It seems to me that any human would appreciate the opportunity to ‘be the best he or she can be’. Of course, in this world conditions to afford this opportunity are somewhat limited to say the least. Where education is provided it is predominately controlled by government. In the United States we find supposedly well-meaning bureaucrats imposing their idea as to what constitutes a good education. This is invariably based on teaching to a common denominator of achievement utilizing various testing methods in attempting to prove the merits of their one size fits all mentality. Thus, the basis of their approach is using the indoctrination of conformity that in its application limits the ability for the respective individual to be the best they can be by not allowing those that have the ability to gain the necessary education to do so. An example relating to the advantages of educational competition is offered by way of my own experience as a k-12 student.
At the age of 8 years I was attending a public grammar school located one block from where my family lived. The school’s third grade had been split into two groups, one with faster learners than the other. I was in the faster learning group and the teacher was Mrs. Walker who was noted for her temper. My Mother was prompted to remove me from that school when Mrs. Walker slapped me over an incident where I inadvertently spilled a desk inkwell. I was enrolled into a parochial school about a mile away from home and my brother, who attended a different junior high school, was also enrolled because my parents wanted him to accompany me on my walk to and from school.
At this school there were students that were not able to qualify for graduation to their next class level until they mastered the necessary material to do so. Those who had qualified were able to move into to the class level that their innate abilities allowed, unhampered by the slower learners. The curriculum was much farther advanced than in the public school and I evidently had the ability to rapidly acquire what was needed to keep up with those higher achievers. The time came when my parents decided to move me back to the public school nearer our home so that my brother could move on to the public high school. Back in the public school administrators realized that I no longer fit the curriculum level for the class I would normally have returned to, so they had to move me up to the next grade.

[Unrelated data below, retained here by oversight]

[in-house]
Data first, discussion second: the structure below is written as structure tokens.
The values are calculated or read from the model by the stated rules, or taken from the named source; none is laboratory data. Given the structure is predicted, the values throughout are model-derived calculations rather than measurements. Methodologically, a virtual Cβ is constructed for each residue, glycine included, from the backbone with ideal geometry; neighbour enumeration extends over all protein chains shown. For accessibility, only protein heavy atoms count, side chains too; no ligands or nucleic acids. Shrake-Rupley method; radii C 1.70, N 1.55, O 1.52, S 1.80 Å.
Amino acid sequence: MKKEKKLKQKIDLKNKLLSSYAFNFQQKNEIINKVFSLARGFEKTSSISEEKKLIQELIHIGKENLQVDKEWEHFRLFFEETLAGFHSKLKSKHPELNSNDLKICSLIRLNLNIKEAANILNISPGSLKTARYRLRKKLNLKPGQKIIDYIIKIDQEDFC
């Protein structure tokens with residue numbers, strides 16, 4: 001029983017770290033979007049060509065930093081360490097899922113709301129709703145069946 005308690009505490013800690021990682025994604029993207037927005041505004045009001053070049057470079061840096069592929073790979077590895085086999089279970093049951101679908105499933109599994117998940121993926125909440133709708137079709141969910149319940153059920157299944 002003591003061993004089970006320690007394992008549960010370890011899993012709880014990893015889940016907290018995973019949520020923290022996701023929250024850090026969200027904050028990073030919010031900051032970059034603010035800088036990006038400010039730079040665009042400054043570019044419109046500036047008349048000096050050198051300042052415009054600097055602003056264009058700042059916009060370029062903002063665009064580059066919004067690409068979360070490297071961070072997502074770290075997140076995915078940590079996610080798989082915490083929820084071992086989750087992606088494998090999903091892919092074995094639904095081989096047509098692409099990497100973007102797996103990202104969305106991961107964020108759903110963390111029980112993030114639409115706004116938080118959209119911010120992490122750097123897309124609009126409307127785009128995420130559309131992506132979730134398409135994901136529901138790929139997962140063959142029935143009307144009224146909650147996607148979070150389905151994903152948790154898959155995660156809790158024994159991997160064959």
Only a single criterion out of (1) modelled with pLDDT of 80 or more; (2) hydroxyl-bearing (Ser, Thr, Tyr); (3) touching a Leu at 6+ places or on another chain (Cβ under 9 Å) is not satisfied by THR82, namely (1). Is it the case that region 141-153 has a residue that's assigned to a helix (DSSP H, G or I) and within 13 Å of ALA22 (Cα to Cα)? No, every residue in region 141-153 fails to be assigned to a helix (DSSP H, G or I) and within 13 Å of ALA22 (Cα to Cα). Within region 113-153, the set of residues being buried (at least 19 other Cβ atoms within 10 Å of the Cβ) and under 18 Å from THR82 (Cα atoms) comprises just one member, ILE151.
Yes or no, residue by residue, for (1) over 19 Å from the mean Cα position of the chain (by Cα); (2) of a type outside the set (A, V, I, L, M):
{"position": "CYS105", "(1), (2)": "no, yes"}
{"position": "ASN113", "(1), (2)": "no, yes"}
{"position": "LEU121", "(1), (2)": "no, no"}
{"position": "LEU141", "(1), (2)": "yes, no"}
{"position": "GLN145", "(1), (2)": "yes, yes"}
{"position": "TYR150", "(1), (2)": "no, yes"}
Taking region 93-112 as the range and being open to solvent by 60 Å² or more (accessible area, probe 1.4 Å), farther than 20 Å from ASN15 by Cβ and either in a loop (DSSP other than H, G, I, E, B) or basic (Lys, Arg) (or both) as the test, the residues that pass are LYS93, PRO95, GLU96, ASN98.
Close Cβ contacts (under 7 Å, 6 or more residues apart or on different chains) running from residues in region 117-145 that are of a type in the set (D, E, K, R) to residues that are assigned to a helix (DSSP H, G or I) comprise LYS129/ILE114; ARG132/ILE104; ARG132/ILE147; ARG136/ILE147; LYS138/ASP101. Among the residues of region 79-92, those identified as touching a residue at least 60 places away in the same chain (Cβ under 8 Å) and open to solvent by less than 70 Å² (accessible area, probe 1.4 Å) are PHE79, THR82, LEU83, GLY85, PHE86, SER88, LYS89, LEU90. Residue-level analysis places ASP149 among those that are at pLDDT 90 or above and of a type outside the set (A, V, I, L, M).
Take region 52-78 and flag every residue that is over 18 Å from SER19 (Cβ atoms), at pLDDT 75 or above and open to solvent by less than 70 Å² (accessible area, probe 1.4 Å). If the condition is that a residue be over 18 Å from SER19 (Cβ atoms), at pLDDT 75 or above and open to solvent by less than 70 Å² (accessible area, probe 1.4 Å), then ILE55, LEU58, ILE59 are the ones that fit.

This is a clear simple example that demonstrates the failings of our public school system in their inability to provide the opportunity for every student to ‘be the best they can be’. Having the federal ‘power of the purse’, the latest Department of Education nightmare called “Common Core” has been foisted on State and local education in a blatant attempt to go one step further in indoctrinating ‘collectivism’ into the student’s mind. Collectivism by its very nature decries individualism and promotes an egalitarian view of how society should function. Over these past many years, all the programs that the Federal Department of Education has implemented have failed because they are all based on the premise that “one size fits all”. This then is leading to that which contradicts ‘being the best one can be’, by promoting a common denominator dumbing down approach in the teaching of our children.
For those who truly believe that students should have the opportunity to ‘be the best they can be’, what means could be utilized to effect this? The most apparent would be to move control of the curriculum from government edict to the private sector where competition would prevail. Funding could be provided by vouchers provided by local governments, as is occurring in some communities presently. There should be no need for federal government funding or control. Parents would have the choice of what schools to attend. Favorable data exists that shows wherever choice has been allowed the performance level of students has exceeded that of traditional public schools.
Not yet brought to the fore is the fact that public schools are entrapped by the alliance of the leaders of teachers unions and legislators. The effect is that the parents of students are left out of the loop and decisions made by this political element are invariably made for their benefit and not that of the students. Getting education out of the political arena would be of immeasurable benefit to the parents and students who desire the educational opportunity to ’be the best they can be’.
Finally, why is a program like ‘common core’ being implemented nationwide and why is it necessary? Its very name indicates its premise and that is to indoctrinate to effect a common level of education. Infringing on individual freedom it collects individual student performance results and distributes them nationwide. It is obviously only necessary to provide the Federal Government with the power to control.
America cannot be the best it can be if its future generations are not given the opportunity to be the best they can be. For this to be achieved the matter of education should be left to the individual States and local communities. There should no longer be any need for the federal department of education. Then in the local communities it would be up to concerned citizens to begin the process of making their educational system the best it can be.